Despite the fact that small firms pay more in premiums than large companies do, many small business owners have shouldered those costs to provide insurance for their employees. To reward those owners, and to entice more small businesses to offer insurance now, the Affordable Care Act includes a tax cut for people who own small businesses. The White House estimates that 4 million small businesses could qualify for this tax cut; the administration also estimates that the tax break could provide $40 billion in savings for these businesses over the next 10 years [source: White House].
To be eligible for the maximum tax credit, the business must be comprised of 10 or fewer full-time employees, and average annual wages must be less than $25,000. Businesses of 25 or fewer full-time employees and average annual wages of less than $50,000 are also eligible for a lesser tax cut. In either case, the employers must contribute at least 50 percent to the total premium cost. From now until 2013, these employers are eligible for a maximum credit of 35 percent of their contributions toward the workers' insurance premiums. Non-profit businesses are also eligible for the tax credit if they meet the other qualifications, but their tax credit maxes out at 25 percent of the employer's contribution toward premiums. In 2014, the tax credit becomes even larger -- the maximum credit will be 50 percent (35 percent for tax-exempt businesses). The 50 percent tax credit is available for two years.
The White House uses the example of a small-town mechanic who owns his own business to explain how the tax credit would work. If the mechanic has 10 full-time employees who are paid a total of $250,000 ($25,000 per worker), the mechanic is eligible for the maximum tax credit. If the mechanic pays $70,000 toward premiums, then his tax credit in 2010 would be $24,500, while his tax credit in 2014, when the tax credits increase, would be $35,000. A quick caveat: The owner of the small business can't be included in the count of full-time employees, and neither can close family members of the owner. Information on calculating your own tax credit can be found at irs.gov.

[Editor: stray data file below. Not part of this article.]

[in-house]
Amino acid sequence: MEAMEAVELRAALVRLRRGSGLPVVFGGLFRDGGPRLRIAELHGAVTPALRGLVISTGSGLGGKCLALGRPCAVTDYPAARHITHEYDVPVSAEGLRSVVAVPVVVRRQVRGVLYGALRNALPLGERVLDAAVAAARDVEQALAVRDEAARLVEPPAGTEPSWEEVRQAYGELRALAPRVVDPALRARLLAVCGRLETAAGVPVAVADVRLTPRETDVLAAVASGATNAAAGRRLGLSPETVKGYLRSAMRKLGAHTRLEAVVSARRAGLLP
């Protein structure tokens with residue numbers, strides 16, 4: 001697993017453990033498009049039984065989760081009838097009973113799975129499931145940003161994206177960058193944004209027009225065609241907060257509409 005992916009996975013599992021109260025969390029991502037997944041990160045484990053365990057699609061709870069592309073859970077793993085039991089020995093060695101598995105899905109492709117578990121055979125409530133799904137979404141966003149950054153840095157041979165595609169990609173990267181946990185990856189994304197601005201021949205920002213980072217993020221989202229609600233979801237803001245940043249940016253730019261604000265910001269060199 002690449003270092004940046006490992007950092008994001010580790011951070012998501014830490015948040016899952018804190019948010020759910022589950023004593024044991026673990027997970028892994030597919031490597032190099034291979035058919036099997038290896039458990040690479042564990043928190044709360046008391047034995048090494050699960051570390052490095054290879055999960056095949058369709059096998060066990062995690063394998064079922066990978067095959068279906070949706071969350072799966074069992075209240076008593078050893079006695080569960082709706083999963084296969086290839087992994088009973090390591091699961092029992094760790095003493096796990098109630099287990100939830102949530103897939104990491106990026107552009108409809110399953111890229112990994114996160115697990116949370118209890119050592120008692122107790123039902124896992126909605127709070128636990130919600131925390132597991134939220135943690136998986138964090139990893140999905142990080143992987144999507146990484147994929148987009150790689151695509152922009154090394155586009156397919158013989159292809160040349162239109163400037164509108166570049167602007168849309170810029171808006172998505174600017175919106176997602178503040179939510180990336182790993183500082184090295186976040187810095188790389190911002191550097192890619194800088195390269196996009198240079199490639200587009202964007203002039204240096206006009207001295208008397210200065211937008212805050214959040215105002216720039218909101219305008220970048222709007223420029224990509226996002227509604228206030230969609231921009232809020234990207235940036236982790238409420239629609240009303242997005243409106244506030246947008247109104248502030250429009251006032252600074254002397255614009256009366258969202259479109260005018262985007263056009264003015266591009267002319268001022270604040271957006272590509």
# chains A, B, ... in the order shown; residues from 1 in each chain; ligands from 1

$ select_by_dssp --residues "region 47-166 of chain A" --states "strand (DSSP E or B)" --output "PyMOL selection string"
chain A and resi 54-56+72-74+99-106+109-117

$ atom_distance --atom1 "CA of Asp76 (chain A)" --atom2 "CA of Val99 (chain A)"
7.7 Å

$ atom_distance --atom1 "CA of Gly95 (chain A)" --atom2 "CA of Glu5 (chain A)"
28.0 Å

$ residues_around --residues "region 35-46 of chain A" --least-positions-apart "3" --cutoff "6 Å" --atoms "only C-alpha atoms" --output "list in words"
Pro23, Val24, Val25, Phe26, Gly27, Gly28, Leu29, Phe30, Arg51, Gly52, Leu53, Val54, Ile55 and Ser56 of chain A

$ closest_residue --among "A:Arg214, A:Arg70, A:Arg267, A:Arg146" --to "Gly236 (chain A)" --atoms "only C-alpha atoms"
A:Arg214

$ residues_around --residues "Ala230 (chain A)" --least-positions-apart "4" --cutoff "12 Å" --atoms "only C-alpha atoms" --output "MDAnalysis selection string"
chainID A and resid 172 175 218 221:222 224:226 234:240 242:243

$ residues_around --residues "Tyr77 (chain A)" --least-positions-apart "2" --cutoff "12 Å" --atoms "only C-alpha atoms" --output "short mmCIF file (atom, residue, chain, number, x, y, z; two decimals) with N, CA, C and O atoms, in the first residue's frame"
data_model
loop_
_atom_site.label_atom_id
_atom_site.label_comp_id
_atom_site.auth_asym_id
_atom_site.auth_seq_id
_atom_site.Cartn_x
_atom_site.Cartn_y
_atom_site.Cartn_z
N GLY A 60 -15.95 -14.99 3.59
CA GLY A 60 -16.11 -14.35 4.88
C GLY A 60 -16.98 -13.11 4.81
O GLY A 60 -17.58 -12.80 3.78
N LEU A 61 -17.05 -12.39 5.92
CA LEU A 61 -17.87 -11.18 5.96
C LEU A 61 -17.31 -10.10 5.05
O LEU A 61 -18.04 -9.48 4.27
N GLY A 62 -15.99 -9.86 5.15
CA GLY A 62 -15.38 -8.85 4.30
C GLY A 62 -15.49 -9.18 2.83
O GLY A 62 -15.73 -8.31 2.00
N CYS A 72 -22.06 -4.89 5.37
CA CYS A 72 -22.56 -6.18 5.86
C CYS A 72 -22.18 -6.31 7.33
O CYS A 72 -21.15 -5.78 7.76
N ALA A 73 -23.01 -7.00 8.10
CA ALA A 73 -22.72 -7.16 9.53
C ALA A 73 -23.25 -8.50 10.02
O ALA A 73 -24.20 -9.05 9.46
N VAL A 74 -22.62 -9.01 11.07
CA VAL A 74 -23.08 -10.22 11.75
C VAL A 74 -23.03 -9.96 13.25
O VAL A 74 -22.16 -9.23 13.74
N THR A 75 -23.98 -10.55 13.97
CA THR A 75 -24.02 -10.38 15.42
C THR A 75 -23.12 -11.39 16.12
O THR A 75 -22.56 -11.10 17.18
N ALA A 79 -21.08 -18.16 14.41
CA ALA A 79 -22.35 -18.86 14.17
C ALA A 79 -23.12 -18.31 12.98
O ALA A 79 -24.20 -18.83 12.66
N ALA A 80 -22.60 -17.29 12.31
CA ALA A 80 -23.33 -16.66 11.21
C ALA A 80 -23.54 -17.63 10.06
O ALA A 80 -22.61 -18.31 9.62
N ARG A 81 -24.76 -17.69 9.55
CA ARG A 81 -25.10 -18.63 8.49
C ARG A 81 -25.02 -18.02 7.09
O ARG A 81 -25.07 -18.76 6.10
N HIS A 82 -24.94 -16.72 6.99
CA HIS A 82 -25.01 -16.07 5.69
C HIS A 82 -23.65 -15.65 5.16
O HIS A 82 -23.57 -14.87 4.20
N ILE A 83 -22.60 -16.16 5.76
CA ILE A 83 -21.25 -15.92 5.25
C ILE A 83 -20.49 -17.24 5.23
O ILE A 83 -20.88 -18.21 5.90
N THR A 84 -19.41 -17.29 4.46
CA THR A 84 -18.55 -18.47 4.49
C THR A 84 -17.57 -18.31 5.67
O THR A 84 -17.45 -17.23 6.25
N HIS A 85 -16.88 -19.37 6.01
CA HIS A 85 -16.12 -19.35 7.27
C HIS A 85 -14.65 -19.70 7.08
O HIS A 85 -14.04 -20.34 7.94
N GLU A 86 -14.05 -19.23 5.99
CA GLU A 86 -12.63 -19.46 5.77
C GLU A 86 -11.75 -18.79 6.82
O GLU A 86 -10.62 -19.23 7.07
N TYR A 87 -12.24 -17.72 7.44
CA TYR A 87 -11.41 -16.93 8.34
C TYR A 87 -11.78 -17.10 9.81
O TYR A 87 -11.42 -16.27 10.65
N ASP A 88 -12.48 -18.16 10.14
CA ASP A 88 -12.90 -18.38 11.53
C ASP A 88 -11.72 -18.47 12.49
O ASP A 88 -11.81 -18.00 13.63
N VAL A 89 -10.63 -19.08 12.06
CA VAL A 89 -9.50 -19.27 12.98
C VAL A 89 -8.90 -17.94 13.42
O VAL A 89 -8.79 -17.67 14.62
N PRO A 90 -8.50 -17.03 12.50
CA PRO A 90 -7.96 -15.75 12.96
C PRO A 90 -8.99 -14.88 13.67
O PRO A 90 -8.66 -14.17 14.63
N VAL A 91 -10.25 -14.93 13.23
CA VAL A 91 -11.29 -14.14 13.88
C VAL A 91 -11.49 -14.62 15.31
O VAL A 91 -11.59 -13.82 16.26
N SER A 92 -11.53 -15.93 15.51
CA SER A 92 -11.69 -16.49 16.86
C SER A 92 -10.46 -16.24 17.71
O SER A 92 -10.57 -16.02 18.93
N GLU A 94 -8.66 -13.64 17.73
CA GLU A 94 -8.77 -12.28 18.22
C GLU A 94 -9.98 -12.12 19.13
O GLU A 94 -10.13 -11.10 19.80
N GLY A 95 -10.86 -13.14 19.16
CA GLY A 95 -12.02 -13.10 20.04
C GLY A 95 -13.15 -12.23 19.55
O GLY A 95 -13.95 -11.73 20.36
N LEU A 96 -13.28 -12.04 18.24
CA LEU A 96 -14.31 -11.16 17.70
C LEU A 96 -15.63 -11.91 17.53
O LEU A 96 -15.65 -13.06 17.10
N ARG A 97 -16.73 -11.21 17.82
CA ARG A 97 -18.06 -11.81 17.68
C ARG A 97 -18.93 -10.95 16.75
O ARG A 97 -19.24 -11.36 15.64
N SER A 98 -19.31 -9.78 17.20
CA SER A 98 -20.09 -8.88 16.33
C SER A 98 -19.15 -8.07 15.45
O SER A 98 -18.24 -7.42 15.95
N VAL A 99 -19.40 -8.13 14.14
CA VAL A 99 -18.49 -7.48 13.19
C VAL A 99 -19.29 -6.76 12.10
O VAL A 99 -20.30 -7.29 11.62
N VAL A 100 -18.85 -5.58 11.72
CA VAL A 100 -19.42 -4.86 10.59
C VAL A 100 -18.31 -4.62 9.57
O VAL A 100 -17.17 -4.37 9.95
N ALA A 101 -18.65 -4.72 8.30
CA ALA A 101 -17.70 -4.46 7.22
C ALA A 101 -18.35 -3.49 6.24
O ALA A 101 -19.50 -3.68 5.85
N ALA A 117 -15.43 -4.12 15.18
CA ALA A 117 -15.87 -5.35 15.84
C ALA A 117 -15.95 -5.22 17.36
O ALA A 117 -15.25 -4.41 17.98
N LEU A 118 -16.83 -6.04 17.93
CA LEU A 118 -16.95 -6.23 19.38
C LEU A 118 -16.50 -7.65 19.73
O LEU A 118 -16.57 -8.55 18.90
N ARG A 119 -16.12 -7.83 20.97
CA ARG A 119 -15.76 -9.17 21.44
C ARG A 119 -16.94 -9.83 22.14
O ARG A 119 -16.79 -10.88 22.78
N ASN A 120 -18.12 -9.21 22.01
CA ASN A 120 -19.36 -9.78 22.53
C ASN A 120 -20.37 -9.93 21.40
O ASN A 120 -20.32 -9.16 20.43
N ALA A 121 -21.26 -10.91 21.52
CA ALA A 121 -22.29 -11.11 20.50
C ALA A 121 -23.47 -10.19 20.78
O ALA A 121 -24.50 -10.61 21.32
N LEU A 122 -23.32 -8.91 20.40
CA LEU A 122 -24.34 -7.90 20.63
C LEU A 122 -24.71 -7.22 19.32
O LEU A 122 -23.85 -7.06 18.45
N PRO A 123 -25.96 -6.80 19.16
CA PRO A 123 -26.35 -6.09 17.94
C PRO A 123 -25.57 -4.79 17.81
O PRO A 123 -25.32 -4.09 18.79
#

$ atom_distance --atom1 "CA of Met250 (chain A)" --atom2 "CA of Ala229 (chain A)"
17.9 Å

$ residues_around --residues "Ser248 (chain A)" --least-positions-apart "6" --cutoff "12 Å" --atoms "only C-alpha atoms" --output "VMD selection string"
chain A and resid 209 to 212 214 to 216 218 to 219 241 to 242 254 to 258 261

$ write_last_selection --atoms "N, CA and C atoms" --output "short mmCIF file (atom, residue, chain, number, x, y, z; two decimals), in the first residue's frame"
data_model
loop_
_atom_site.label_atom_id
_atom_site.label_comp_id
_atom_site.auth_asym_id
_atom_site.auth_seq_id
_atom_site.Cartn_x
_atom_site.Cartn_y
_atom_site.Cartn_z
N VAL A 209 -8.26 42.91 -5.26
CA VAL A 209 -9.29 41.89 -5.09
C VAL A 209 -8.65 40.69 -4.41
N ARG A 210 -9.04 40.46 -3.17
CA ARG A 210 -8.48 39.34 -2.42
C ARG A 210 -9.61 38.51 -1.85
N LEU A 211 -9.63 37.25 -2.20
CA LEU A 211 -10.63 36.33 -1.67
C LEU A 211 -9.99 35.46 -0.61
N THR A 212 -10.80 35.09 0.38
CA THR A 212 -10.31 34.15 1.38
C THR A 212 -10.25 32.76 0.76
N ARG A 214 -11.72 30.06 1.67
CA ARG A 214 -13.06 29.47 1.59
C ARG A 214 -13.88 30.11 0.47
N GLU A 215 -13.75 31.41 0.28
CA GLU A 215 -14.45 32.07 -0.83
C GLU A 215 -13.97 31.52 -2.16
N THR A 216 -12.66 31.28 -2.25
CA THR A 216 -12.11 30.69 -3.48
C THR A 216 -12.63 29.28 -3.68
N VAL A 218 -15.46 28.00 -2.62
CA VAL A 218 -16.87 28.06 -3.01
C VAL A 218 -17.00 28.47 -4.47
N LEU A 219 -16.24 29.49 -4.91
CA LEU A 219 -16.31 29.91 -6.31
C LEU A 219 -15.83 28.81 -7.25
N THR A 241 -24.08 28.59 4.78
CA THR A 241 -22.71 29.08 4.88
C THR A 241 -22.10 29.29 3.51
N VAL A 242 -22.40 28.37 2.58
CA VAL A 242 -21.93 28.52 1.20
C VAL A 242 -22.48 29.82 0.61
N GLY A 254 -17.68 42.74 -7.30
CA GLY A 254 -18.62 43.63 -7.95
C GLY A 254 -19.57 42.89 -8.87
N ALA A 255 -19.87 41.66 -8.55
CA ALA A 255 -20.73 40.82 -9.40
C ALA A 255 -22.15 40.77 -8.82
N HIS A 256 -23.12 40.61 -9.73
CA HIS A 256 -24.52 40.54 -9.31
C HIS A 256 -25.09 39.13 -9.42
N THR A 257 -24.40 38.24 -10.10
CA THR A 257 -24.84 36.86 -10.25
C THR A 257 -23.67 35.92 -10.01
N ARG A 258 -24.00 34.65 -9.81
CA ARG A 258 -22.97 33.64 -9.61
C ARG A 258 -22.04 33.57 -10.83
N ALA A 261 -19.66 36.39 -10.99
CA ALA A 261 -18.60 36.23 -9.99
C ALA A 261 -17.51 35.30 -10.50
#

The National Federation of Independent Businesses, a lobbying group, complains that this tax credit only helps very small businesses. Still, many small businesses are eligible for some percentage of the credit, and the White House is hopeful the credit will help those businesses until 2014, when the exchanges open. Ideally, this new access to affordable health insurance will help more small businesses provide coverage, which could make working at a small firm -- or starting one up -- more appealing to more Americans, who may be afraid to leave their jobs lest they lose their insurance.
For more on the Affordable Care Act, see the links on the next page.